Recreational use of Cannabis is permissible in some states, including California. Anecdotal and observational reports have pointed to Cannabis use being involved with receding gums and gum disease. An analysis of the data from the National Health and Nutritional Examination indicated the following:
Periodontal (Gum) disease, one of the most common chronic conditions in the United States, is a major cause of tooth loss among adults. Although periodontitis has a genetic component, factors such as increased age, gender, chronic conditions such as diabetes, exposure to tobacco, and oral hygiene may also increase the risk or severity of the disease.
Researchers examined data from the 2011-2012 cycle of the National Health and Nutritional Examination (NHANES) survey to evaluate whether cannabis use (i.e., marijuana or hashish) may also be a risk factor for periodontitis prevalence and severity.
NHANES is designed to be representative of the noninstitutionalized civilian population of the United States aged 30 years or older and includes both a demographic and behavioral questionnaire, as well as a full-mouth periodontal examination conducted at 6 sites per tooth.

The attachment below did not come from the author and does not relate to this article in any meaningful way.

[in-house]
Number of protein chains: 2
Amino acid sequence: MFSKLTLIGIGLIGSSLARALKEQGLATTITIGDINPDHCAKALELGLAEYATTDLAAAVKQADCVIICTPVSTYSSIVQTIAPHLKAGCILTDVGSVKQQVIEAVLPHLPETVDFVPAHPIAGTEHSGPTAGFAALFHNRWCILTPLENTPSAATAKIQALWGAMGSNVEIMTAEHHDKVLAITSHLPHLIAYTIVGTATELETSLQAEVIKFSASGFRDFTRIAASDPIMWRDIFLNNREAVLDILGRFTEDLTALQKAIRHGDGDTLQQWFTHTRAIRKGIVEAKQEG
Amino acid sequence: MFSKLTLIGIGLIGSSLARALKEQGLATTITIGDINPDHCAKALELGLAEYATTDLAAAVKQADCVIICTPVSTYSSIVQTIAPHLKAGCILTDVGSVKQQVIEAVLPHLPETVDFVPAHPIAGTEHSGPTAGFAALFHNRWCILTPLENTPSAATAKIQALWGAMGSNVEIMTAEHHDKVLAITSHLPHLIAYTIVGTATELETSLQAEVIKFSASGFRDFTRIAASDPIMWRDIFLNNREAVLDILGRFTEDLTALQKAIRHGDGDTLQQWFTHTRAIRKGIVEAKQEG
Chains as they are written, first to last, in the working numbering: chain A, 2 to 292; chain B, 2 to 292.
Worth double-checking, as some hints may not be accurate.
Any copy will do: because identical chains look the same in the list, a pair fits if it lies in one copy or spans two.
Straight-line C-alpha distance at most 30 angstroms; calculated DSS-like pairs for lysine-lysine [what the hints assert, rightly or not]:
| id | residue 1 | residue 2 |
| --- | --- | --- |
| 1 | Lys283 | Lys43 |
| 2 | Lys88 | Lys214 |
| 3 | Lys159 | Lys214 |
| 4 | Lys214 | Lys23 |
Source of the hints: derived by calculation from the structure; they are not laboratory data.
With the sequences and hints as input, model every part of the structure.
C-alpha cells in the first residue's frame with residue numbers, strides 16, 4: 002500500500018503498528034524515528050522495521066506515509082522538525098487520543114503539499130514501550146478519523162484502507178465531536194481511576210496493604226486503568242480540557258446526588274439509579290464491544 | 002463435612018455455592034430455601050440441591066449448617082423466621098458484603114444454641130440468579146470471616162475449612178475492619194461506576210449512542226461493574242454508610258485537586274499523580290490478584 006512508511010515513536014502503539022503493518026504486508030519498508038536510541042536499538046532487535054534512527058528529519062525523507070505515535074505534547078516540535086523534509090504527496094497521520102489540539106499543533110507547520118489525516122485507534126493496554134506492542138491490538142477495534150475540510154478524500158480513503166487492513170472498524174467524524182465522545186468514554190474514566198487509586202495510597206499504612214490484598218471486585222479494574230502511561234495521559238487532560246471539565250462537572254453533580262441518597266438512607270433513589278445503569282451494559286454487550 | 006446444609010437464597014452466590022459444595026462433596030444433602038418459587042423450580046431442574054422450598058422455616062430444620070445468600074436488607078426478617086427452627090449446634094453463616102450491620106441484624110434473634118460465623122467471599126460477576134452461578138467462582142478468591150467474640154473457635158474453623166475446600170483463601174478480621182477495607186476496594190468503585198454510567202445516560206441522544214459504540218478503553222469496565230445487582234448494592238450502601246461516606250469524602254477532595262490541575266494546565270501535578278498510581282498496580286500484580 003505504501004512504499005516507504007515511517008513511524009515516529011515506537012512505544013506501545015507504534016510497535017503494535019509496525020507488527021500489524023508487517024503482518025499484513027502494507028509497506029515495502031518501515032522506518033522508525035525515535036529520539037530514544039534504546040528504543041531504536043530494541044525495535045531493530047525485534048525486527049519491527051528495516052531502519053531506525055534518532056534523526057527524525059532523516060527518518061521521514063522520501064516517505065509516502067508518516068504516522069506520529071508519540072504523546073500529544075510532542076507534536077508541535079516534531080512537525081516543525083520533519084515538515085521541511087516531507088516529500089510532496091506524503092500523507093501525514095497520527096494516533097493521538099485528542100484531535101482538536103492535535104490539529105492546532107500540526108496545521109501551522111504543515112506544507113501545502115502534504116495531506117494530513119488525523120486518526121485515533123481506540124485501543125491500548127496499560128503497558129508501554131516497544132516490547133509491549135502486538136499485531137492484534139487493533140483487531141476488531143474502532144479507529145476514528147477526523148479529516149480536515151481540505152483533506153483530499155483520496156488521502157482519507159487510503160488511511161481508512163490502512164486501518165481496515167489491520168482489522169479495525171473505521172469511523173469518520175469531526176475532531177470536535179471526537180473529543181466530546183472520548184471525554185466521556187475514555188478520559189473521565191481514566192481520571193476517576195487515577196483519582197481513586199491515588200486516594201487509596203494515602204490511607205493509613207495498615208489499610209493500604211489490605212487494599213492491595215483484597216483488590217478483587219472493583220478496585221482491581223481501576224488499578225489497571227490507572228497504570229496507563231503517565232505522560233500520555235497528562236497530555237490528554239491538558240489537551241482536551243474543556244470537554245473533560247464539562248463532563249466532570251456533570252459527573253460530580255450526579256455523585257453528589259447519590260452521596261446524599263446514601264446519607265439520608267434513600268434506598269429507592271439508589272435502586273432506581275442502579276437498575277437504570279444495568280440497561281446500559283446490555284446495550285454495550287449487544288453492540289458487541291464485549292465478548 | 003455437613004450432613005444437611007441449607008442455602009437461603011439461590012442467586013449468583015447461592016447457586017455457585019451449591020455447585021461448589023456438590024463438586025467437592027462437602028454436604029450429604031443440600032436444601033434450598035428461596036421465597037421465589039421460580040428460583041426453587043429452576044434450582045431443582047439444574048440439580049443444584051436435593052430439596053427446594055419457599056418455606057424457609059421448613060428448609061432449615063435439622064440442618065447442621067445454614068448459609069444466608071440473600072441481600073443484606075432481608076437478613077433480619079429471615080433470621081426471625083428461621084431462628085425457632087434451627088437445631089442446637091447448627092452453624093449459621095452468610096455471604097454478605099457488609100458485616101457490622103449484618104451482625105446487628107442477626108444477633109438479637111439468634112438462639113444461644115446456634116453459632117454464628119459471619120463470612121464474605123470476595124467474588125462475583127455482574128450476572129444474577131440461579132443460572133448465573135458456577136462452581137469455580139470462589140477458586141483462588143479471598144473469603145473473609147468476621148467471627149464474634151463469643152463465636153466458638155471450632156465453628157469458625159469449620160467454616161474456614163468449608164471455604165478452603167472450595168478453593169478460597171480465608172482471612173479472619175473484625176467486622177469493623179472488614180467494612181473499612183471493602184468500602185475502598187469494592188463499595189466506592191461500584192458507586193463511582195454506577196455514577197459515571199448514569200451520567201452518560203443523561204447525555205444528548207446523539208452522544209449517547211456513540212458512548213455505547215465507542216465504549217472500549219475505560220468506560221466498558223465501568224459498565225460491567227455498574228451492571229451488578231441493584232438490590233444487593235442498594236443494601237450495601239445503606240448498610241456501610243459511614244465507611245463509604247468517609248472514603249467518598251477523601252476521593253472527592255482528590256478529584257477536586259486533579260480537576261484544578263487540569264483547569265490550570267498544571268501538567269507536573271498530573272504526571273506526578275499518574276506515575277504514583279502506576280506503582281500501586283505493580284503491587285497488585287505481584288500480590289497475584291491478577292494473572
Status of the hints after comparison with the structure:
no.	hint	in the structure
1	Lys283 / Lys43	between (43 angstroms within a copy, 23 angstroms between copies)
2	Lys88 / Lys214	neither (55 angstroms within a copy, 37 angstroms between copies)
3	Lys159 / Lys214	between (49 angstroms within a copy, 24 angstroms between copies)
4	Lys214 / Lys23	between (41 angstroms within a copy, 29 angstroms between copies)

This analysis was restricted to the 1,938 adults who received a complete periodontal examination and answered questions on substance use. Those who reported they used marijuana or hashish once or more every month for the last 12 months were categorized as frequent cannabis users, while those who reported using marijuana or hashish less than once per month were categorized as non-frequent cannabis users.
Frequent cannabis users had significantly greater clinical attachment loss than non-frequent, and significantly higher mean number of sites with pocket depths of 4 mm or more and attachment loss of 3 mm or more. Confounding factors for age, gender, race/ethnicity, family income, diabetes, alcohol and smoking, and treatment for gum disease within the past year were accounted for in the study. The odds of severe periodontitis were 1.4 higher for frequent cannabis users than those who never or rarely used cannabis.
This analysis demonstrates the effect of cannabis as a potential risk factor for periodontal disease.
Check with your dentist about the possible effect of cannabis use on your dental health.
(Portions of this article was excerpted from ADA News.)